IUOE Local 793’s sister organization, the Operating Engineers Training Institute of Ontario (“OETIO”), has offered heavy equipment operator training to the Inuit communities of Nunavut since January 2005. IUOE Local 793 itself was granted a Charter to organize and represent employees in Nunavut on behalf of the International Union of Operating Engineers in 2014. 

On behalf of IUOE Local 793’s Executive Board, Mike Gallagher, business manager of IUOE Local 793 has said “We thank the employees of Baffinland for putting their trust in IUOE Local 793 and having the confidence to vote in favour of the tentative agreement. We are committed to providing them with the quality representation they deserve.” 

“Over the last six months, Baffinland and the Operating Engineers have worked closely based on employee feedback to build a partnership that emphasizes collaboration, fully respects our IIBA, and reflects Baffinland’s core value to engage and develop our employees,” said Brian Penney, President and CEO of Baffinland. “Baffinland will continue to explore partnerships that help our employees continue to be successful at Baffinland, and help our company become the lowest cost-producer of high grade iron ore in the world through the safe and efficient operation and ongoing development of the Mary River Mine.”

About the International Union of Operating Engineers, Local 793
In 2019, IUOE Local 793 is celebrating its 100thanniversary. IUOE Local 793 represents more than 15,300 crane and heavy equipment operators and industrial and production workers in Ontario and Nunavut. Its members work in all sectors of the construction industry, for municipalities, and in industrial establishments. Local 793 members build the roads and bridges you travel on, the subways you ride in, and the offices you work in. Members also build pipelines, stadiums, refineries, subdivisions, and work in mechanics shops, landfills, quarries, and mines.

The International Union of Operating Engineers is dedicated to serving and protecting the needs and interests of its members and their families through the collective bargaining process, legislative action and extensive training and skills improvement programs. IUOE Local 793 has a head office and training campus in Oakville, Ontario, another training campus in Morrisburg, Ontario and district offices around the province of Ontario.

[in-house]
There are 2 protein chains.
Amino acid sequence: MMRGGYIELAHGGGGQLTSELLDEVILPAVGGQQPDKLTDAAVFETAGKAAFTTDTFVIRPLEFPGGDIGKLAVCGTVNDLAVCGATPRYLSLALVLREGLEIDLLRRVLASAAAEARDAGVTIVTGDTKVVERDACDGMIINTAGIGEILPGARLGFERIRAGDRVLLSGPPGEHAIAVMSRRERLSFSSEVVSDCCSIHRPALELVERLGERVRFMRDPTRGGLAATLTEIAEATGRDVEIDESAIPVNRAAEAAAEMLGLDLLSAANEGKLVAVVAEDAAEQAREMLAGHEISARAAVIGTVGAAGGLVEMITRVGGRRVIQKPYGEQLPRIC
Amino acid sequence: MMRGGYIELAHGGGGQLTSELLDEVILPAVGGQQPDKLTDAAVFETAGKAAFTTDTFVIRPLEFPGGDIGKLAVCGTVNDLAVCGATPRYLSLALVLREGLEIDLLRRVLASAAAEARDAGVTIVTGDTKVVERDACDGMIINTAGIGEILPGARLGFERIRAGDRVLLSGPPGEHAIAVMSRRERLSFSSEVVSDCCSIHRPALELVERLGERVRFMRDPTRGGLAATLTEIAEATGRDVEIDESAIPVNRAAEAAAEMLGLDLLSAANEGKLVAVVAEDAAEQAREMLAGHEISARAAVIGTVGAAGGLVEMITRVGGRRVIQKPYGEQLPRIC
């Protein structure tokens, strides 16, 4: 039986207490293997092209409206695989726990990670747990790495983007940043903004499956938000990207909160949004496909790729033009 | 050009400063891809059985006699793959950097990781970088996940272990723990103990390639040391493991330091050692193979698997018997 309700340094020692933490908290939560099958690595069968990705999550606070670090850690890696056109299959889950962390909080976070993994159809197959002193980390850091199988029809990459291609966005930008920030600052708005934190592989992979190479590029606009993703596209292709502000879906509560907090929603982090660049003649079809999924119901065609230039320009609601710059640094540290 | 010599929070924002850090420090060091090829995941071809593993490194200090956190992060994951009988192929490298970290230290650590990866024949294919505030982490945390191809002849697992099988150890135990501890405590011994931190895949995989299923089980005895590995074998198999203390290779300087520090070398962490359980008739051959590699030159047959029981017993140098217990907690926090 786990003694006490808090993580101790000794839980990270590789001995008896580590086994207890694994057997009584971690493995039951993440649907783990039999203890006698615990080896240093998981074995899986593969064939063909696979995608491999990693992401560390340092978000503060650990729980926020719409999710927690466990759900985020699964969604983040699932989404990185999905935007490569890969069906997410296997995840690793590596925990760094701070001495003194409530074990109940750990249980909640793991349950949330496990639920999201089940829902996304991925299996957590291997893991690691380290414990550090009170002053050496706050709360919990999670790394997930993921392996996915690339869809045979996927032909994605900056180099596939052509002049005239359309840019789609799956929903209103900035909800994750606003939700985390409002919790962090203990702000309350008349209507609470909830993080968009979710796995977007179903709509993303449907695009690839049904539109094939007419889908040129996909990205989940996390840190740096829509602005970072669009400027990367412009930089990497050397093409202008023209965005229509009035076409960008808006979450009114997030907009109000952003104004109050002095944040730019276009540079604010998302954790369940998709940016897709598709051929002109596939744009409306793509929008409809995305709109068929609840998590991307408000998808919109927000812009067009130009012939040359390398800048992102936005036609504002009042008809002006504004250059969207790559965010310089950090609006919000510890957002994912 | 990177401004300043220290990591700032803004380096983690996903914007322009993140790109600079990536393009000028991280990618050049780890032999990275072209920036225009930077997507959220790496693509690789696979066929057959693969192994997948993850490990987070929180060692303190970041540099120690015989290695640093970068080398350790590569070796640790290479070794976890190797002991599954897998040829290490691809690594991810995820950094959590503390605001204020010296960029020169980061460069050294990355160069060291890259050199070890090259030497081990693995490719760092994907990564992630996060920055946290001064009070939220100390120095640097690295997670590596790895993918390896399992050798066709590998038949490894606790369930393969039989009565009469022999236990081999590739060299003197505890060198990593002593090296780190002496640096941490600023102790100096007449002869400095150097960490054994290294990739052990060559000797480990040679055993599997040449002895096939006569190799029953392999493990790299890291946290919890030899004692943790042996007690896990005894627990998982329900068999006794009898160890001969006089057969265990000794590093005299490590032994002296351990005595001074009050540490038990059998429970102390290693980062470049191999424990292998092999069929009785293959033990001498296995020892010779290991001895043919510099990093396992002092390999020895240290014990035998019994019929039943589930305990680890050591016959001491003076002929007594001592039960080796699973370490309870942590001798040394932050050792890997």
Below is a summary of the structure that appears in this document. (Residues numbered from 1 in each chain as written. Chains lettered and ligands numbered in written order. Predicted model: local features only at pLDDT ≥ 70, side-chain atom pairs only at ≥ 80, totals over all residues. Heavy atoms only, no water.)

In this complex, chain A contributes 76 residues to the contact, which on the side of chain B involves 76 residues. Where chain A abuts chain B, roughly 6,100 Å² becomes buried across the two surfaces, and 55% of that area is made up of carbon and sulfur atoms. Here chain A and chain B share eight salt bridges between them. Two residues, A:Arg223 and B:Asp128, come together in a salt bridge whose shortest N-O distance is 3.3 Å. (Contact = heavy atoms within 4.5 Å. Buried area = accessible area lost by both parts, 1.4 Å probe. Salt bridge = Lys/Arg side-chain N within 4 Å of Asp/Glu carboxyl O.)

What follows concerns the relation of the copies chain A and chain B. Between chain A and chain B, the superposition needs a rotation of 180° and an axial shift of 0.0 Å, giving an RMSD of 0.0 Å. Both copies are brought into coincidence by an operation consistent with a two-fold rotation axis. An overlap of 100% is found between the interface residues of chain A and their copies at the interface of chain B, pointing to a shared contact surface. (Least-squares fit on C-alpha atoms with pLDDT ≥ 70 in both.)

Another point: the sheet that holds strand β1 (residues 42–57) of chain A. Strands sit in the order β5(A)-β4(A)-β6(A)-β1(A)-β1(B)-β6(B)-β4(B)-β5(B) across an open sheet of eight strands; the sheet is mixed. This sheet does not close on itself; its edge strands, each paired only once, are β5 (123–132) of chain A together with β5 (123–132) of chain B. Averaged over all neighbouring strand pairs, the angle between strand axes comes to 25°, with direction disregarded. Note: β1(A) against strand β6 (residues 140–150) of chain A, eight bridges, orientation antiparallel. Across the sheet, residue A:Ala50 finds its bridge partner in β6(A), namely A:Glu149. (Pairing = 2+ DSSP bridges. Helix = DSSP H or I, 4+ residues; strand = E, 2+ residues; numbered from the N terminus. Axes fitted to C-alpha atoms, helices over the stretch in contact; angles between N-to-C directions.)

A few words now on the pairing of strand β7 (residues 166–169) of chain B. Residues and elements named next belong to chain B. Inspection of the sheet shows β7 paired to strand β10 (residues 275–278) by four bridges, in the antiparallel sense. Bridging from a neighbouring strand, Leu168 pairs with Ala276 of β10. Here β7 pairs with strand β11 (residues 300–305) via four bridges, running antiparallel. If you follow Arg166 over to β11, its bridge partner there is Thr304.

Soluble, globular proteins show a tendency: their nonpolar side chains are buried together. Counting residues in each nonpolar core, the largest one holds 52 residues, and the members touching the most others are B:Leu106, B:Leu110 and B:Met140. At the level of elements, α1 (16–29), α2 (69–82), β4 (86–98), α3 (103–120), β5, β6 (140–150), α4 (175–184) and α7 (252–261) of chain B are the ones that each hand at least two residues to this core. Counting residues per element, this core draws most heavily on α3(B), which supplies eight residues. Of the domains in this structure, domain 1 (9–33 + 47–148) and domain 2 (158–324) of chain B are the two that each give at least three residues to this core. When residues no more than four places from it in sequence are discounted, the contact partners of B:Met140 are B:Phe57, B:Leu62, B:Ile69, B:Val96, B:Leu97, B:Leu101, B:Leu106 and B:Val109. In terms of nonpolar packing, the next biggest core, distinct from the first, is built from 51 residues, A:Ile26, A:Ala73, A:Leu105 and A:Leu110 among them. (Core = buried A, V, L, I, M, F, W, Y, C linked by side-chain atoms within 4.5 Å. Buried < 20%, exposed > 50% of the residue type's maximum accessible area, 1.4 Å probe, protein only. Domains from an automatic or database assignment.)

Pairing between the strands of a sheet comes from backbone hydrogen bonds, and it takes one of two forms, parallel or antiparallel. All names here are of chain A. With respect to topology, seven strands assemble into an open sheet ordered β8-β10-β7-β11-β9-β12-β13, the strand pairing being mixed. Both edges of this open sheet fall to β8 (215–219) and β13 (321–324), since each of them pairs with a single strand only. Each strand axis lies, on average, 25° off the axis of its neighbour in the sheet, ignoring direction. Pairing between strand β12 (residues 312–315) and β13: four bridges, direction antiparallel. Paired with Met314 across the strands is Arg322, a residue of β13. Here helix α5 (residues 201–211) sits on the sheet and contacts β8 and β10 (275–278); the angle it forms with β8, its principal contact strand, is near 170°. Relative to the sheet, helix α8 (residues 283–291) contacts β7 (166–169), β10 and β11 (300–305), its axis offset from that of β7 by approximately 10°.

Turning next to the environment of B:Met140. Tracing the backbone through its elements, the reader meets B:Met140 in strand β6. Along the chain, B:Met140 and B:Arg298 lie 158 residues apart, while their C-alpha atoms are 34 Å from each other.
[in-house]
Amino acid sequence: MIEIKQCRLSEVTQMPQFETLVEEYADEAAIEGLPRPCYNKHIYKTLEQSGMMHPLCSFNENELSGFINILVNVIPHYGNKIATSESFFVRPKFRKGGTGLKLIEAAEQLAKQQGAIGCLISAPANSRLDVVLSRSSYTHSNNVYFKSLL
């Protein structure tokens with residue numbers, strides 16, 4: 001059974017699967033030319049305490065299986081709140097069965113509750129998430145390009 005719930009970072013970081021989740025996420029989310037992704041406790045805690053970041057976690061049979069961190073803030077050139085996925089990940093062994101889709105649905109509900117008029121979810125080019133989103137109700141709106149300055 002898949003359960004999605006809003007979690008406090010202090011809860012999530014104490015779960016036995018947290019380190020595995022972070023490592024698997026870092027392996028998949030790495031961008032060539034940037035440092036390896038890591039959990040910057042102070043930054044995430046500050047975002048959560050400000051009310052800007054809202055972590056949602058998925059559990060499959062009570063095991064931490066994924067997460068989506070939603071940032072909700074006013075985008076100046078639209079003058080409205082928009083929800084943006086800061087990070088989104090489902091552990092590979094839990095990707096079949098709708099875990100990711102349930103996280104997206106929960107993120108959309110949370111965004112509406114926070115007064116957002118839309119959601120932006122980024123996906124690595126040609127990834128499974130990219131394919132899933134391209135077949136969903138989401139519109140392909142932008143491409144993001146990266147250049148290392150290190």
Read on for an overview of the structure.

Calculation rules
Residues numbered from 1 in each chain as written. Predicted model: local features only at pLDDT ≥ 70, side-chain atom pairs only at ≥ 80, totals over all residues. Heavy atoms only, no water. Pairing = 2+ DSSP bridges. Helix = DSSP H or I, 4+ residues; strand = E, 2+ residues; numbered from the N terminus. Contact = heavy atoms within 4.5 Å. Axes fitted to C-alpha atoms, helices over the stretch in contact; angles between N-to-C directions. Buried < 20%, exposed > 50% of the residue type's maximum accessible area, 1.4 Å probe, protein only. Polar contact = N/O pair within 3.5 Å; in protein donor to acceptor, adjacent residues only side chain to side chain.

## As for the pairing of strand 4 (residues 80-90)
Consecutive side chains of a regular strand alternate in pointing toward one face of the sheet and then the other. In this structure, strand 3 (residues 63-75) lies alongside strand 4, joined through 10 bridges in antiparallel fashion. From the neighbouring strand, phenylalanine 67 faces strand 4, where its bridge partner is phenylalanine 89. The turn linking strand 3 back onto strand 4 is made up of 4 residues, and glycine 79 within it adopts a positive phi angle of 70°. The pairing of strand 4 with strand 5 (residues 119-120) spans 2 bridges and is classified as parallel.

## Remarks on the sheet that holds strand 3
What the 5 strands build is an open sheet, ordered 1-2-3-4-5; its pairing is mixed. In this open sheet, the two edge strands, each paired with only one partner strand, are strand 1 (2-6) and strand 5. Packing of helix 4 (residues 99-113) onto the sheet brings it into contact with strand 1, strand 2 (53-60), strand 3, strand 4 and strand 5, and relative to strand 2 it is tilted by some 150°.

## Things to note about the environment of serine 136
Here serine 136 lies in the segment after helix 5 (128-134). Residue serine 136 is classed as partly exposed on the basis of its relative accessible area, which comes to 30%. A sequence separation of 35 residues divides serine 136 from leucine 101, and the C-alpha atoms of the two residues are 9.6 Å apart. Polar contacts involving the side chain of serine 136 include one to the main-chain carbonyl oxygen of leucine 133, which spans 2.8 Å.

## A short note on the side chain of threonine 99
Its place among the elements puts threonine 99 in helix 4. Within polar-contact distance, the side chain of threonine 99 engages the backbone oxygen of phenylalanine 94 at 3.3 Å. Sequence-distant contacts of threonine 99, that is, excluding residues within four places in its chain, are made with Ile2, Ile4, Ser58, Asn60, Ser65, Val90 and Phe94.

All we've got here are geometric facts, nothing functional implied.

For more information about IUOE Local 793, please visit our website at iuoeLocal793.org

Contact: 

IUOE Local 793
Kathryn Peet, communications representative 
+1-905-469-9299 ext. 2219

Baffinland Iron Mine Corp.
Jason Leite, communications specialist
+1-416-529-2624

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Ontario College of Trades logo

Ford government announces the winding down of the Ontario College of Trades

The Ontario College of Trades (OCOT) was the first organization in Canada that allowed construction trades to govern themselves, rather than leaving them to be directed by a provincial government ministry. At the time of its creation, the OCOT was also responsible for a much-needed modernizing of apprenticeship and skilled trades training and licensing in Ontario. On Tuesday, the Ford government made a sudden announcement that the OCOT is coming to an end.

Before the creation of the OCOT, it had been over 35 years since any government had acted on changes to technology and training needs to declare a new compulsory trade. A compulsory trade is a trade in which registration as an apprentice, journeyperson candidate or certification as a journeyperson is mandatory. At that time, we at the Operating Engineers were the last to be able to make our voice heard. In 1982, Hoisting Engineer was named a compulsory trade. It wasn’t until 2017 that Sprinkler Fitters were named the next compulsory trade. The OCOT provided a clear pathway by which any trade could apply to formally change their status to that of a compulsory trade.

Local 793 supported the creation of the OCOT right from the start. It provided improved safety and training for our members and a clear process to require licensing and training. Local 793 also supported, and continues to support, the concept of trades being regulated by those with the relevant expertise and direct involvement in the construction industry.

With the OCOT in place, many positive changes occurred that benefitted Local 793, OETIO, our members, our signatory contractors and the construction industry as a whole. The OCOT developed for the first time a Provincial Trade Exam for the Concrete Pump. The operators of TLBs, excavators, and bulldozers had their training standards reviewed and updated for the first time in almost 20 years. Appointees to the Heavy Equipment trade board, working with the OCOT, were also able to get Red Seal endorsement for those who wrote the approved Heavy Equipment Trade Exam. This ensures that our members’ skills are recognized anywhere they choose to work in Canada.

Local 793 thanks those 26 members, staff, and members of management of our signatory contractors who have spent many hours working on the OCOT trade boards, the divisional board, the board of governors and the appointments council. Over the last nine years, they have dedicated their time and expertise to make the OCOT all that it could be.